Colombia and other Latin American countries such as Brazil or Mexico are in Group 3, which will have to reduce production by 28% by 2030 and by more than 90% by 2043.
Photo: Henry Sherinos
Since the 2015 Paris Agreement, countries around the world have committed to keeping the average global temperature increase well below 2°C and continuing efforts to limit the temperature increase to 1.5°C. Since then, scientific evidence has strongly linked these goals to reduced production of all fossil fuels. A new study published on March 22 sets a date for this goal, which must be met if the world is to avoid climate collapse.
The Transfer, led by Professor Kevin Anderson of the University of Manchester’s Tyndall Center for Climate Change Research, proposes research that analyzes, among other variables, the ability of developed and developing countries to abandon oil, coal and gas. Here are some of the most interesting discoveries. The report makes it very clear that if you want to limit global warming as proposed in 2015, you cannot open new production facilities of any kind, be it coal mines, oil wells or gas stations.
The research notes that “a transition based on principles of equity requires rich countries with high emissions to phase out all oil and gas production by 2034, while poor countries have until 2050 to end production.” Anderson analyzes that 95% of all oil and gas production occurs in only thirty-three countries. The dependence that they both have economically with regard to the two fuels is crucial to their ability to leave them.
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Some countries, although small producers, have little economic income other than oil and gas production (for example, South Sudan, Equatorial Guinea, Congo-Brazzaville, Gabon). Other countries, although large producers, have diverse and vibrant economies where oil and gas revenues are unique (for example, the United Kingdom, Canada, Australia and even the United States). Although countries like Qatar or the United Arab Emirates have very high incomes from these fuels, they also have other high incomes that have nothing to do with them.
Rich countries that are big producers tend to stay rich even after they run out of oil and gas revenues. By contrast, many small producers have such well-established economies of oil and gas production that they have little financial capacity to reshape their economies once oil and gas inputs are phased out.
After dividing states into different groups based on economic indicators, the study specifies that the richest countries (the first group) should cut oil and gas production by 50% in just six years and stop it completely by 2034.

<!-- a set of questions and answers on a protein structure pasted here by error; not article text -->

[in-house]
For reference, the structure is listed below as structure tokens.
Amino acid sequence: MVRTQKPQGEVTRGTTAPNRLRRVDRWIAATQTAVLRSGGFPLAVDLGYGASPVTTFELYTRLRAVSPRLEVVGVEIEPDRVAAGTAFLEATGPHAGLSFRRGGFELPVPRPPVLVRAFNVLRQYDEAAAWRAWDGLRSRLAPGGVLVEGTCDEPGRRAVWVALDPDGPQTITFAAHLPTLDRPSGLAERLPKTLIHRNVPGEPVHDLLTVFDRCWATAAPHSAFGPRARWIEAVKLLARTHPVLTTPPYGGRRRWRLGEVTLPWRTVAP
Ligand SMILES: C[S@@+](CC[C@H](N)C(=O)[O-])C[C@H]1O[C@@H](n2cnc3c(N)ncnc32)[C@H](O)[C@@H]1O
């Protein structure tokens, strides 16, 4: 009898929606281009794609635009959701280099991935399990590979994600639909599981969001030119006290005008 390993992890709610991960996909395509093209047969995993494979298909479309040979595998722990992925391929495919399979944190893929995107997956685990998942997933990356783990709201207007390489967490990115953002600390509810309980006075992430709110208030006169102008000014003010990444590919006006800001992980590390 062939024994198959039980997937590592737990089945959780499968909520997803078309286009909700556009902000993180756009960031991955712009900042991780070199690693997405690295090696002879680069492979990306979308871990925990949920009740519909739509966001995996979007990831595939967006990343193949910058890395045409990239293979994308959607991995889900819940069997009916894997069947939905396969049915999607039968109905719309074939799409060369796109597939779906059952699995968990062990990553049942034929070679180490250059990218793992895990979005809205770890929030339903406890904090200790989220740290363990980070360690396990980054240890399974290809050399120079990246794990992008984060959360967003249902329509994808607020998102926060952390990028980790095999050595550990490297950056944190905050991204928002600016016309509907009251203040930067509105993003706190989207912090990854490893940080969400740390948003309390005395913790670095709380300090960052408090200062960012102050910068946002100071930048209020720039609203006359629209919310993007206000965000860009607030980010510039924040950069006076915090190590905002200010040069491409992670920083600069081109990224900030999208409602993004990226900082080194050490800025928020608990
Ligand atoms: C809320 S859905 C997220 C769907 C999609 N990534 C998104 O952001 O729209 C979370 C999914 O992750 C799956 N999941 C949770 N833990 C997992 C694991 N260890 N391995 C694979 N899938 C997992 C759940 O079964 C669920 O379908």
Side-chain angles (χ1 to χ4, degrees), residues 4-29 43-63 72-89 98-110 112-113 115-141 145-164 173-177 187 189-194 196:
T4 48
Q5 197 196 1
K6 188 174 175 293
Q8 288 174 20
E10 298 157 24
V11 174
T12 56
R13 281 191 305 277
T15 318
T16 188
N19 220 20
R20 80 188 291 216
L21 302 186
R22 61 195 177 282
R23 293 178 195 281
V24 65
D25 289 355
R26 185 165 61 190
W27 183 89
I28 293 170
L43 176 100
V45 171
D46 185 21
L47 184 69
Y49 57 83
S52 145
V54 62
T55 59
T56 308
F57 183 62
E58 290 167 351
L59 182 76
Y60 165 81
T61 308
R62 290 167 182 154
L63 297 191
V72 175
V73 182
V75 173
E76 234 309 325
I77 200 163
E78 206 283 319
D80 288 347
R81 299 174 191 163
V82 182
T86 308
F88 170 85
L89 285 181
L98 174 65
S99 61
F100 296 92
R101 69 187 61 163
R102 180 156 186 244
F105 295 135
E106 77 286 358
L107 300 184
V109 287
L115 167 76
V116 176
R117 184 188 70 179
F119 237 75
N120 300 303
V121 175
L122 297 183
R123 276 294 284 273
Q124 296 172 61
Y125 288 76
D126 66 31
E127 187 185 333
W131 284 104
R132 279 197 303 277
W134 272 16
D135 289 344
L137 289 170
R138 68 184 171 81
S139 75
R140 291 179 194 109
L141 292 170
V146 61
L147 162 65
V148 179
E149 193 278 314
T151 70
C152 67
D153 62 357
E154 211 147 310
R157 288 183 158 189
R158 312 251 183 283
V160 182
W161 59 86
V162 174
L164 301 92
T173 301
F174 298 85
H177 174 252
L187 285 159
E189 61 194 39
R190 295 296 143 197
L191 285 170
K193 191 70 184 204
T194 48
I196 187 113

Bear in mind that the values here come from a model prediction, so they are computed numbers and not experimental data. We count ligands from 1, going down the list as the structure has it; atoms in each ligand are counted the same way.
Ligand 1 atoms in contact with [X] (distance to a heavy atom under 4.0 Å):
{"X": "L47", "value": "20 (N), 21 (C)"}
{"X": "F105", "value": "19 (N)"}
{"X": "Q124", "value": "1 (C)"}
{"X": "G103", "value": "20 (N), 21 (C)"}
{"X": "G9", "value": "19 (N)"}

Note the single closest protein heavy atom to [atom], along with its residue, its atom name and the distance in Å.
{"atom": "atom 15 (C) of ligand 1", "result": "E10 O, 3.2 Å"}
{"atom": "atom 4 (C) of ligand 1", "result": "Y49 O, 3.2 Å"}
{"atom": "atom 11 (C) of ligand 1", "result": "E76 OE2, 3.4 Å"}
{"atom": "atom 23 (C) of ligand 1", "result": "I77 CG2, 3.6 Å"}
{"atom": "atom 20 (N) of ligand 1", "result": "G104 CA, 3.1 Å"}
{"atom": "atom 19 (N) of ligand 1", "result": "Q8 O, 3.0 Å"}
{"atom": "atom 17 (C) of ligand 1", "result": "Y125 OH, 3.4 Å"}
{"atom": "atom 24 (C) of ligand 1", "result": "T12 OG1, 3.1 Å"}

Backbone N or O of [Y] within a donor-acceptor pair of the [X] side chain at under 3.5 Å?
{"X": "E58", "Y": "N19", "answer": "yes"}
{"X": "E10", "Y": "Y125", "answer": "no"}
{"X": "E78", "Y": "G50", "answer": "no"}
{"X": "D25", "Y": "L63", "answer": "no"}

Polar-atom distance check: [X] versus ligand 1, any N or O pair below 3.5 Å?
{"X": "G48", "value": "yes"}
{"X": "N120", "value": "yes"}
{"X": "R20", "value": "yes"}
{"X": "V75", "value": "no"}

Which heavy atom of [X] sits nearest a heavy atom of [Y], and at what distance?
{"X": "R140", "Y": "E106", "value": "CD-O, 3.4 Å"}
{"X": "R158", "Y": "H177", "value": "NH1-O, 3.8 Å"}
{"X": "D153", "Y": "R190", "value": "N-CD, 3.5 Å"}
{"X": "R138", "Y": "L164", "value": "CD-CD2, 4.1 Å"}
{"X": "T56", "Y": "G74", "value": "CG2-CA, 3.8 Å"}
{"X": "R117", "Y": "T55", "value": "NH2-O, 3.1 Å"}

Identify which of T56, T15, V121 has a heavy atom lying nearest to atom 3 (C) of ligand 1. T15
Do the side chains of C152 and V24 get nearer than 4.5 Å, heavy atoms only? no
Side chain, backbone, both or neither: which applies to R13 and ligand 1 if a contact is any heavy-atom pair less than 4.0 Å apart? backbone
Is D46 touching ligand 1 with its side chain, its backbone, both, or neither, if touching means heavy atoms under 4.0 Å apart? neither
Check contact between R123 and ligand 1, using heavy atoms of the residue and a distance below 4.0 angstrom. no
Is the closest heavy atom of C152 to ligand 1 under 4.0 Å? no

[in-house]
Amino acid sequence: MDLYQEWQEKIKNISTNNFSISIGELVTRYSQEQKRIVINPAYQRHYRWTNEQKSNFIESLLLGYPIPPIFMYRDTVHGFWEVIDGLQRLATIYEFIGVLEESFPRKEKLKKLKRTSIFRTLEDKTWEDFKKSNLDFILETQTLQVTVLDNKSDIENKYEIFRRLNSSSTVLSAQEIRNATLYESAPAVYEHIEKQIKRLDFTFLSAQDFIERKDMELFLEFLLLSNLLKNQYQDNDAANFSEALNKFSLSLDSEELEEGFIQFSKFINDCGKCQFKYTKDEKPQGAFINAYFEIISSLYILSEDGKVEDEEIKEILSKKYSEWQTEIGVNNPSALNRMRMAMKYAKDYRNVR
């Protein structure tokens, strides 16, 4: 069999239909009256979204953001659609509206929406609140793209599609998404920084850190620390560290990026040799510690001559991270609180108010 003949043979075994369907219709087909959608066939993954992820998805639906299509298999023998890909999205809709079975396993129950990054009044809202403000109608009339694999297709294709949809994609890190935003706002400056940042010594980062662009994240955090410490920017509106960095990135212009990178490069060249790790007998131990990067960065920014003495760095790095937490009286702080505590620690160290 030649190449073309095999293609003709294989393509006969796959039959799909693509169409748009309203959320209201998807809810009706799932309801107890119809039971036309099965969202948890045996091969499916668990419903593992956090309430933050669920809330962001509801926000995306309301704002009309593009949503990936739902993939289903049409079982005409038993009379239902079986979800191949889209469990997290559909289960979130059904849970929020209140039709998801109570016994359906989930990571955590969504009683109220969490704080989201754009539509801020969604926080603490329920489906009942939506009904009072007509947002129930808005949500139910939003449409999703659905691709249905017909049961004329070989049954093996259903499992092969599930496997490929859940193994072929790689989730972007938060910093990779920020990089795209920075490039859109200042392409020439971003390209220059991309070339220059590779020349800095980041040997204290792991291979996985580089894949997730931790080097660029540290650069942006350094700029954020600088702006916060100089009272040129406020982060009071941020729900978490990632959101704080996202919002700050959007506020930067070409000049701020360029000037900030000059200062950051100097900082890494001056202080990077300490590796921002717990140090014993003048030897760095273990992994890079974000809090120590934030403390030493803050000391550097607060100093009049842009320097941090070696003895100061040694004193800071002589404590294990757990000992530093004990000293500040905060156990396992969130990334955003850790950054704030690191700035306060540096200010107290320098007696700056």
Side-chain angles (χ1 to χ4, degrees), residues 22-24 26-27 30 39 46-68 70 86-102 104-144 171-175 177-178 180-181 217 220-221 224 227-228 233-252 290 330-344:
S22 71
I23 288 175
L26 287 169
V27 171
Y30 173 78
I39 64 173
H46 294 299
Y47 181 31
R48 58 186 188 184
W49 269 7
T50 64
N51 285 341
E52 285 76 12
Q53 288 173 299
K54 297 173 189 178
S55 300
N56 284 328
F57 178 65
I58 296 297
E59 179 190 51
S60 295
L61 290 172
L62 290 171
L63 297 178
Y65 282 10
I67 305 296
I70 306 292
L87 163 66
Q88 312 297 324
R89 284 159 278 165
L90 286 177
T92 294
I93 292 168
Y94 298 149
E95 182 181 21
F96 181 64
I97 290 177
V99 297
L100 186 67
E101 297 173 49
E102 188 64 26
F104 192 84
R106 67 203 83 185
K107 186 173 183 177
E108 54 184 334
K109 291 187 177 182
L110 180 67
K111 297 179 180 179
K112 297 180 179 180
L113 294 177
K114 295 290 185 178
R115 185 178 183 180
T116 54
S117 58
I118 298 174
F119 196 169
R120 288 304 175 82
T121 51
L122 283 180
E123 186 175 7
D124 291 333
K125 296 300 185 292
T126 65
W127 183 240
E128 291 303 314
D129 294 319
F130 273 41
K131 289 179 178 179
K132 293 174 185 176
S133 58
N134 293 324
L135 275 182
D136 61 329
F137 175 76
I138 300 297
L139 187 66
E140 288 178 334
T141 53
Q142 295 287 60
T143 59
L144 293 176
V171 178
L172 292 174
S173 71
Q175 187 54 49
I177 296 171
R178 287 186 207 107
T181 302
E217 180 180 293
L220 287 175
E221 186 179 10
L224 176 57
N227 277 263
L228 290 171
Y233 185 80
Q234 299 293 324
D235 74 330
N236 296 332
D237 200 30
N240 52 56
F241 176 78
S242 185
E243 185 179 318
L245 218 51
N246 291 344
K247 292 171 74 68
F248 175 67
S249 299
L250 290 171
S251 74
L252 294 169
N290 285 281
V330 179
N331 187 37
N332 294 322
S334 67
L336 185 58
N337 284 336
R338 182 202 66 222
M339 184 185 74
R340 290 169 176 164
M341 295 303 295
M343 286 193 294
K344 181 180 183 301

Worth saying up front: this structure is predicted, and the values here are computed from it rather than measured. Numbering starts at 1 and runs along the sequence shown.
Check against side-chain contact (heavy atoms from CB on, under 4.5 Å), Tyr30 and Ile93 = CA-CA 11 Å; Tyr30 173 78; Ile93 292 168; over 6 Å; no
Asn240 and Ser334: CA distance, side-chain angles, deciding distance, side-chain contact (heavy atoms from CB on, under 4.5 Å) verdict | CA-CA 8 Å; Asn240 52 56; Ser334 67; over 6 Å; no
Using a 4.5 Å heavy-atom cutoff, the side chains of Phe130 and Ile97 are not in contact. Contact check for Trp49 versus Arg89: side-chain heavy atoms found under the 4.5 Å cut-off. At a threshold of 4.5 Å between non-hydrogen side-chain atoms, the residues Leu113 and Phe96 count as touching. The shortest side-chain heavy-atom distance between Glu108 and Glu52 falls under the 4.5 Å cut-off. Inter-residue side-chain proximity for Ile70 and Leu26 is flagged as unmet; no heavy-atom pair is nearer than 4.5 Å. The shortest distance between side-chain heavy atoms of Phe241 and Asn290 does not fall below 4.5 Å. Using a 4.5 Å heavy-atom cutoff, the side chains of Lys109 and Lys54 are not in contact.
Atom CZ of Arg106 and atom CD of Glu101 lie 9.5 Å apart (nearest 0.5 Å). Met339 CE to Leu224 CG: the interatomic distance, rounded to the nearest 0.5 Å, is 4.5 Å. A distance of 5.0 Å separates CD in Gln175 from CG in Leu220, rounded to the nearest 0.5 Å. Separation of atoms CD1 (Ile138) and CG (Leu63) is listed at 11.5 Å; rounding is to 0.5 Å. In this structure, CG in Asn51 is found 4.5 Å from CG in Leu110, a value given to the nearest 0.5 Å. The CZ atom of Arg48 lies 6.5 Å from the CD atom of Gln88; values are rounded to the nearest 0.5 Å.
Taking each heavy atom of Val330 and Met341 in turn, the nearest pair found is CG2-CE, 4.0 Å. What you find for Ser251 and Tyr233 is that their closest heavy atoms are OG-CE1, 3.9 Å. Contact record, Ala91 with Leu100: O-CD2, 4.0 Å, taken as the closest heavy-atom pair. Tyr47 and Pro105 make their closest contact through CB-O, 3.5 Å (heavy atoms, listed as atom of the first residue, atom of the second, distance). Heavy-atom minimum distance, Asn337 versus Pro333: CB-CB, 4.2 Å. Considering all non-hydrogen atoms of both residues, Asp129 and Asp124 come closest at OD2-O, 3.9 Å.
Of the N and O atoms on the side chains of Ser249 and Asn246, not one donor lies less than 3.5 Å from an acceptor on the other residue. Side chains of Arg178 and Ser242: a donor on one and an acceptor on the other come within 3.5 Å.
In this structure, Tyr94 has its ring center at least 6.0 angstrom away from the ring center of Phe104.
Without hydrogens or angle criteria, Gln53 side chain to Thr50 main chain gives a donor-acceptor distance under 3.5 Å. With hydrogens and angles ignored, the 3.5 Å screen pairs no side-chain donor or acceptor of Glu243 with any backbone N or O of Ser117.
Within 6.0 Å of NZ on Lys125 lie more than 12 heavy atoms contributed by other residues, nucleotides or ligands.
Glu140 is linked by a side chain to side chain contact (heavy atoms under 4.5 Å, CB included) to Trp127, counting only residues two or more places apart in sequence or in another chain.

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For the poorest countries dependent on oil and gas revenues (Group 5), the date of a 50% production decline has been extended to 2037, with complete elimination by 2050. Colombia and other Latin American countries such as Brazil and Mexico, fall into Group 3, which should It reduces its production by 28% by 2030 and by more than 90% by 2043.
The fossil-fuel phase-out schedules that emerge from this analysis are not very far from what nearly all governments are proposing, they also run counter to what some major producers are currently doing, who plan to ramp up production in the short term. “This is completely inconsistent with the production paths outlined in this report. The study says that peak production should now be pursued, effectively immediately, by rapid removal of current production.” To have a 50% or greater chance of keeping the temperature below 1.5°C, all producing countries must peak production immediately. and begin to decline continuously.
Anderson’s team acknowledges that its timetable for developing and poor countries is a blow to the money. Production in the poorest countries must be reduced by between a sixth (for Group 5, the poorest) and almost a third (for Group 3, below average capacity) by 2030. This already represents a significant loss of short-term revenue opportunities for countries least able to bear such losses. .
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“It will be necessary (for them) to phase out production by the 1940s and 1950s, but that is exactly what is required of them at 50% or greater than 1.5°C,” the study says. For this reason, it is clear to Anderson that international financial support is needed.
Coal provided some distinctive properties in relation to oil and gas. Unlike the latter, there is a close connection between national production and coal consumption. This means that the countries that produce the most are also those that consume the most. For developed countries, coal production should be reduced by 50% within five years and effectively phased out by 2030. For developing countries, there is some relative leeway. However, coal production is set to start declining immediately, halving in a decade with extraction completely halted by 2040.
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Quoting the Guardian, Christiana Figueres, the former UN climate chief who oversaw the Paris 2015 summit, noted Anderson’s findings: “This new study is a timely reminder that all countries must phase out oil and gas production quickly, as they move Rich countries faster, while ensuring a fair transition for workers and the communities that depend on them.”
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